United States President Donald Trump bristled today at a reporter's question about police killing African Americans and defended the right to display the Confederate flag as he continued to play into racial divisions in an interview.

In the interview, Trump seemed taken aback when asked why African Americans are still dying at the hands of police.

"And so are white people. So are white people. What a terrible question to ask. So are white people," Trump told CBS's Catherine Herridge. "More white people, by the way. More white people."

There is no national database tracking police-involved shootings.


But studies have shown that black Americans are much more likely to be killed by police, even though more whites — who represent a larger portion of the US population — are killed.

One study that examined the use of lethal force by law enforcement from 2009 to 2012, for instance, found that, while victims were a majority white at 52 per cent, they were disproportionately black at 32 per cent with a fatality rate 2.8 times higher among blacks than whites.

In the interview, Trump also defended the use of the Confederate flag, despite saying in 2015 that he believed the flag belongs in a museum.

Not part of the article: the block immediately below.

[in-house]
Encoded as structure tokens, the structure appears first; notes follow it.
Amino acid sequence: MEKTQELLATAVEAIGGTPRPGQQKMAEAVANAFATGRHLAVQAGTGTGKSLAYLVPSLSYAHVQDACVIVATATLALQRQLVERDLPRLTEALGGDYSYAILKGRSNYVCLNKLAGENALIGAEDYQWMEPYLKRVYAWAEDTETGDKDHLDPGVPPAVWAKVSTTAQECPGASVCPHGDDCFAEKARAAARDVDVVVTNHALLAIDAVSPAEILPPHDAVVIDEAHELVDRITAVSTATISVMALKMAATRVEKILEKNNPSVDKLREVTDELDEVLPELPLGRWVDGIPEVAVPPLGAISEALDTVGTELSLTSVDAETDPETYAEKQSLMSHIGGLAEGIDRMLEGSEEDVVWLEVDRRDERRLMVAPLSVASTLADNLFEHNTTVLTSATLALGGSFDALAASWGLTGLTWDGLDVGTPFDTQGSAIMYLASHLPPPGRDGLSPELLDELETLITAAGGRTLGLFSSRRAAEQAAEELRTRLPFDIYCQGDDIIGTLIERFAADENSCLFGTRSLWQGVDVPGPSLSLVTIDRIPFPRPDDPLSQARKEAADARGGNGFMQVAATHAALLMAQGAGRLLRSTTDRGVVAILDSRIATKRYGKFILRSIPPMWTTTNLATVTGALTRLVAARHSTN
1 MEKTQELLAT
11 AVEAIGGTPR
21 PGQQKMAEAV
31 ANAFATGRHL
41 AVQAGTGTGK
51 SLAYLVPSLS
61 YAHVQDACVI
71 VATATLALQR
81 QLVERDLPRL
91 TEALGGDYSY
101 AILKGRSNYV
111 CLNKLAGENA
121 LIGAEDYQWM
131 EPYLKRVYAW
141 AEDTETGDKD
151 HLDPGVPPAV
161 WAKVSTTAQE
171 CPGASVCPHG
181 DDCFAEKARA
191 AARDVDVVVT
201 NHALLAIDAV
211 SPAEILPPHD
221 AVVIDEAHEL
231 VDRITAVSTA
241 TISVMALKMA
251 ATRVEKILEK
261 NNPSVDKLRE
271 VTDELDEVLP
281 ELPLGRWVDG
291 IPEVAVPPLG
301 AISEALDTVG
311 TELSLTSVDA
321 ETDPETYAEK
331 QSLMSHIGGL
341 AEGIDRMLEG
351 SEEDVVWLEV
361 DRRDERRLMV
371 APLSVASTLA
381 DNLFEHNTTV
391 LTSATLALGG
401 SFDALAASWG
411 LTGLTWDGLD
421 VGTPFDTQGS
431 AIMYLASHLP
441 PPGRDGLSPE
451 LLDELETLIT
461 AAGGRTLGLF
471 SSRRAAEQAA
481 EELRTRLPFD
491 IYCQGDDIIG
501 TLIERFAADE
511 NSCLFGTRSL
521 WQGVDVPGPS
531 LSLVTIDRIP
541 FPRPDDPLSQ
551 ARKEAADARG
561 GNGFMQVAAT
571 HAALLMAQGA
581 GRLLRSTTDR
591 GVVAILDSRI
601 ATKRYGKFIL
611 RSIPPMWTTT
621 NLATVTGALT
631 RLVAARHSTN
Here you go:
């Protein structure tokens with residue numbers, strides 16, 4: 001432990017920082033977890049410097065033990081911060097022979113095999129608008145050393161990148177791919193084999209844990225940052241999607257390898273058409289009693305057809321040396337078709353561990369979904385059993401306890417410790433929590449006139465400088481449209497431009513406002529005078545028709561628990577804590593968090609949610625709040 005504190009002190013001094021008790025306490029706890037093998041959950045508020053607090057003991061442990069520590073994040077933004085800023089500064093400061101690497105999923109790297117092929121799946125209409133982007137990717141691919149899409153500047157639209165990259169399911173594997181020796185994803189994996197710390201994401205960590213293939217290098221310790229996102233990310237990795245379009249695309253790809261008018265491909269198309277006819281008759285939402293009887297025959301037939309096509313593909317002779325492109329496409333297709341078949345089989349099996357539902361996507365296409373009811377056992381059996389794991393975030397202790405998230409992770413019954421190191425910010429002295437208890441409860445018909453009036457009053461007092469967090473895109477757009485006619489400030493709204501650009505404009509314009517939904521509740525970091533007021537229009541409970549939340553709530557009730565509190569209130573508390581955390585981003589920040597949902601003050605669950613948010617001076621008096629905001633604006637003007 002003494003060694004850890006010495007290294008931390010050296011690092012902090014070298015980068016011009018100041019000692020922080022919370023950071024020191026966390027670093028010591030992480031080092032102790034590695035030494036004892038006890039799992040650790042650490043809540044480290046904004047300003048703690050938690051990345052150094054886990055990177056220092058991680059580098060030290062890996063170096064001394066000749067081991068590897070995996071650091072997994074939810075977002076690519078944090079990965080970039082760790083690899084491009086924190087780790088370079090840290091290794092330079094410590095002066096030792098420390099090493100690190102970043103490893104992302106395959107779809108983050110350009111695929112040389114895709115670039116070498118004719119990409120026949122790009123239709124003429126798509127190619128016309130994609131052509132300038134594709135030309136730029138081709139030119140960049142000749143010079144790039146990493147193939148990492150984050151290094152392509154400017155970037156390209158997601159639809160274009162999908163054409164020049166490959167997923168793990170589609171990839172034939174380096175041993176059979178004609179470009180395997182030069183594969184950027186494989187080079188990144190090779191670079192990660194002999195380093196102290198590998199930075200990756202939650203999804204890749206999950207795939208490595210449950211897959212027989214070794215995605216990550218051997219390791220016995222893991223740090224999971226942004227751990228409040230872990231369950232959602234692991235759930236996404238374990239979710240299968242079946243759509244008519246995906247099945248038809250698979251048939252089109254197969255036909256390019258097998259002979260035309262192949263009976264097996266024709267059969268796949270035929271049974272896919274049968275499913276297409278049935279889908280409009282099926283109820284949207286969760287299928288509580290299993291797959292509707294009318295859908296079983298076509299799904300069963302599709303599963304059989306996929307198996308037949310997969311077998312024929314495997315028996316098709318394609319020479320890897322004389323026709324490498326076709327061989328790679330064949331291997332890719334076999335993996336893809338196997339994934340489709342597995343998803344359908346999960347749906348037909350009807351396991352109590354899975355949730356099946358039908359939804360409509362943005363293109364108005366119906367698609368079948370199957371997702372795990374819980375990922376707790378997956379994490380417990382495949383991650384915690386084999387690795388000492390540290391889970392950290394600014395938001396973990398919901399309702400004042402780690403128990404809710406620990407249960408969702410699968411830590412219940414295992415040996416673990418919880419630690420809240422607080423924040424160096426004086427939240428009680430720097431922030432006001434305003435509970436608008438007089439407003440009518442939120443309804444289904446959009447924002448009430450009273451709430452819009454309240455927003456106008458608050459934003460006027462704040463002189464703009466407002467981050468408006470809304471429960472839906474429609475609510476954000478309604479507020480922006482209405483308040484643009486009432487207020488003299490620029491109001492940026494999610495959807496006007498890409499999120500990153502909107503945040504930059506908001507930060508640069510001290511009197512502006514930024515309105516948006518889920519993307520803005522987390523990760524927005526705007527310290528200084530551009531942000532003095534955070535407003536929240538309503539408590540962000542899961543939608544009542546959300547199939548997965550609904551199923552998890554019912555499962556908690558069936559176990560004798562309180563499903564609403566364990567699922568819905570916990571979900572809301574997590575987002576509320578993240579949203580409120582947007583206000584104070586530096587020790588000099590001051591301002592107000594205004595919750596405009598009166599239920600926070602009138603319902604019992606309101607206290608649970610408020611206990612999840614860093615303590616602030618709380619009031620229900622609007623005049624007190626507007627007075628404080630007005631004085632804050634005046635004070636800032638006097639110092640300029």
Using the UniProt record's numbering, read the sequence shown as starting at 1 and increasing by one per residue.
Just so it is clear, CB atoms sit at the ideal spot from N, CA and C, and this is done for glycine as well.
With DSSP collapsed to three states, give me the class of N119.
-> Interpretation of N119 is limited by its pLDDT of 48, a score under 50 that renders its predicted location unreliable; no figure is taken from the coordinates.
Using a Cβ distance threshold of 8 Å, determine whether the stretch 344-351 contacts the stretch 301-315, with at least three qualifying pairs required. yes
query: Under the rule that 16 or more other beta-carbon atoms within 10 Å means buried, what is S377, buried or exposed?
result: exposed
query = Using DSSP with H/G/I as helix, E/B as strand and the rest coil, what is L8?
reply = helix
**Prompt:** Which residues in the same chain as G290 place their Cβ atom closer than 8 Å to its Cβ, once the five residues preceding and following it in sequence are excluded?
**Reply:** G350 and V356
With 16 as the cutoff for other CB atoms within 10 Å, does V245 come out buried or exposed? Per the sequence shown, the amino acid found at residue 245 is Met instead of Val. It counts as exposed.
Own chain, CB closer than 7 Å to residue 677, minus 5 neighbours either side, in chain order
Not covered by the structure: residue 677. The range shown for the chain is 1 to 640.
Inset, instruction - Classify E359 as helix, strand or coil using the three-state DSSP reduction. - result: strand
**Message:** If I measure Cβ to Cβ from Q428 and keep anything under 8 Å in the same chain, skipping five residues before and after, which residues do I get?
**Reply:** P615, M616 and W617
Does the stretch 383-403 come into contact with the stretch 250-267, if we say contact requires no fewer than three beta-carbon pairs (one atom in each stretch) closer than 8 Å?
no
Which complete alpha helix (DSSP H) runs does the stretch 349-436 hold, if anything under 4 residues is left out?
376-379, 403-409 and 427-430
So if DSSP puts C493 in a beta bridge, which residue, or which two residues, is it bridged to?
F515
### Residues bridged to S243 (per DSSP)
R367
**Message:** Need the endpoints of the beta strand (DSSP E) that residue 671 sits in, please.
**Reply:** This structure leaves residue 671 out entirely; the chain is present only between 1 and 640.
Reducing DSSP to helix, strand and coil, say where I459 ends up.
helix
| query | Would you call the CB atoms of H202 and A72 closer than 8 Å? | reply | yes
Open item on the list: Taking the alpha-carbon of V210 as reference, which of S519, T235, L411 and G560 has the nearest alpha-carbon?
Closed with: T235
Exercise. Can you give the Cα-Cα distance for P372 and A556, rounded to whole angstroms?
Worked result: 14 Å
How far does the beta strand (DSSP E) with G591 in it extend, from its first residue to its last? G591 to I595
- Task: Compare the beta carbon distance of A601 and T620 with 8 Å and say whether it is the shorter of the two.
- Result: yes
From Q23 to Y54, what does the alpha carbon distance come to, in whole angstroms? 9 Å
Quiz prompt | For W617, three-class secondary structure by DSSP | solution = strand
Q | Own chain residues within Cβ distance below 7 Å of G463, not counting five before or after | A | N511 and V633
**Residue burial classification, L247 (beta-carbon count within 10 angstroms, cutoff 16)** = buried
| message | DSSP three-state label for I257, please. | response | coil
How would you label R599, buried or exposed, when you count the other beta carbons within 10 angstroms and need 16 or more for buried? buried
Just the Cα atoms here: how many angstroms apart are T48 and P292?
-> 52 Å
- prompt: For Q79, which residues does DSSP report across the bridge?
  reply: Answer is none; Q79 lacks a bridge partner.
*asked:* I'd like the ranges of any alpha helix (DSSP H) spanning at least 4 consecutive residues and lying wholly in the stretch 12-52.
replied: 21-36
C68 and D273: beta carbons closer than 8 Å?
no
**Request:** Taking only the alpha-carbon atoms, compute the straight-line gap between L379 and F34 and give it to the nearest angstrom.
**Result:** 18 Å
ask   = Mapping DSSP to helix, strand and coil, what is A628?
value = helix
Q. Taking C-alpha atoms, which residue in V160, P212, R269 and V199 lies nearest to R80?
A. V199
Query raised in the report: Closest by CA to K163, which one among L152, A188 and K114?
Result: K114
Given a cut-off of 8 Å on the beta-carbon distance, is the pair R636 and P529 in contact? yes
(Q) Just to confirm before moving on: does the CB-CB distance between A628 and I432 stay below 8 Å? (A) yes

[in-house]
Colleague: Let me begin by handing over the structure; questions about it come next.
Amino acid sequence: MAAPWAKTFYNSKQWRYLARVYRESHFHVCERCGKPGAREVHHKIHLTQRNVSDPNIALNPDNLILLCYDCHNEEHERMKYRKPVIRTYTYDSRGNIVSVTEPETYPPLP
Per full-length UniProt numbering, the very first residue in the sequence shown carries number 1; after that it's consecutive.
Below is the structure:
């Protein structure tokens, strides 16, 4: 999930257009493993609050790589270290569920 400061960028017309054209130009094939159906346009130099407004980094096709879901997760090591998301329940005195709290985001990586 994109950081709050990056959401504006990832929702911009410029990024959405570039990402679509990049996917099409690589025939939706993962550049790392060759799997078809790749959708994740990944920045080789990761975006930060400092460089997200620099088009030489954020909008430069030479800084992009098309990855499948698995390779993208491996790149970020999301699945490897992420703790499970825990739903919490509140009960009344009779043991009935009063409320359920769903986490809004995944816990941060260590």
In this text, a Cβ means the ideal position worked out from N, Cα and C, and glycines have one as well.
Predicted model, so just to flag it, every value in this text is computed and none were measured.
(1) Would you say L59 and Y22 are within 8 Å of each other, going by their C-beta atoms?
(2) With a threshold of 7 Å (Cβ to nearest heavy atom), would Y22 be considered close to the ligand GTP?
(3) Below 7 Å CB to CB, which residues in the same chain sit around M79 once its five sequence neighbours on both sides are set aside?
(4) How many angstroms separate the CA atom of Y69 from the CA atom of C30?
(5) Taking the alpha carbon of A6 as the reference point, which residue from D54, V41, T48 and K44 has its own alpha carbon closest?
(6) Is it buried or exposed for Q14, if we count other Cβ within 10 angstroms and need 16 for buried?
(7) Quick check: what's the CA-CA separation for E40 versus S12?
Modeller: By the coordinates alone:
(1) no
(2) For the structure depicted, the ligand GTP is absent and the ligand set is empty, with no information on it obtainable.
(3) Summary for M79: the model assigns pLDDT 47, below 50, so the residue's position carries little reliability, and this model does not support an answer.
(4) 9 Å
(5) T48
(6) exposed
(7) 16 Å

"All I say is freedom of speech. It's very simple. My attitude is freedom of speech," Trump responded. "Very simple. Like it, don't like it, it's freedom of speech."

Asked whether he understood the flag is a painful symbol to many because it is a reminder of slavery, Trump responded that some "people love it," adding: "And I know people that like the Confederate flag and they're not thinking about slavery."

Meanwhile, in another rebuke of China, Trump signed legislation mandating sanctions for Chinese officials involved in Beijing's crackdown in Hong Kong and issued an executive order that ends US preferential treatment for Hong Kong.

The two actions are part of the Trump Administration's offensive against China for what he calls unfair treatment by the rising Asian superpower, which hid details about the human-to-human transition of the cornoavirus.

The almost daily Administration broadsides against China come as Trump is being criticised for the surge in Covid-19 cases in the US and as he works to portray his expected Democratic challenger, former Vice-President Joe Biden, as weak on China.


US-China relations are at a low ebb. Since the two nations signed phase one of a trade deal, the talks are currently stalled with virtually no hope of restarting before the November election.

- AP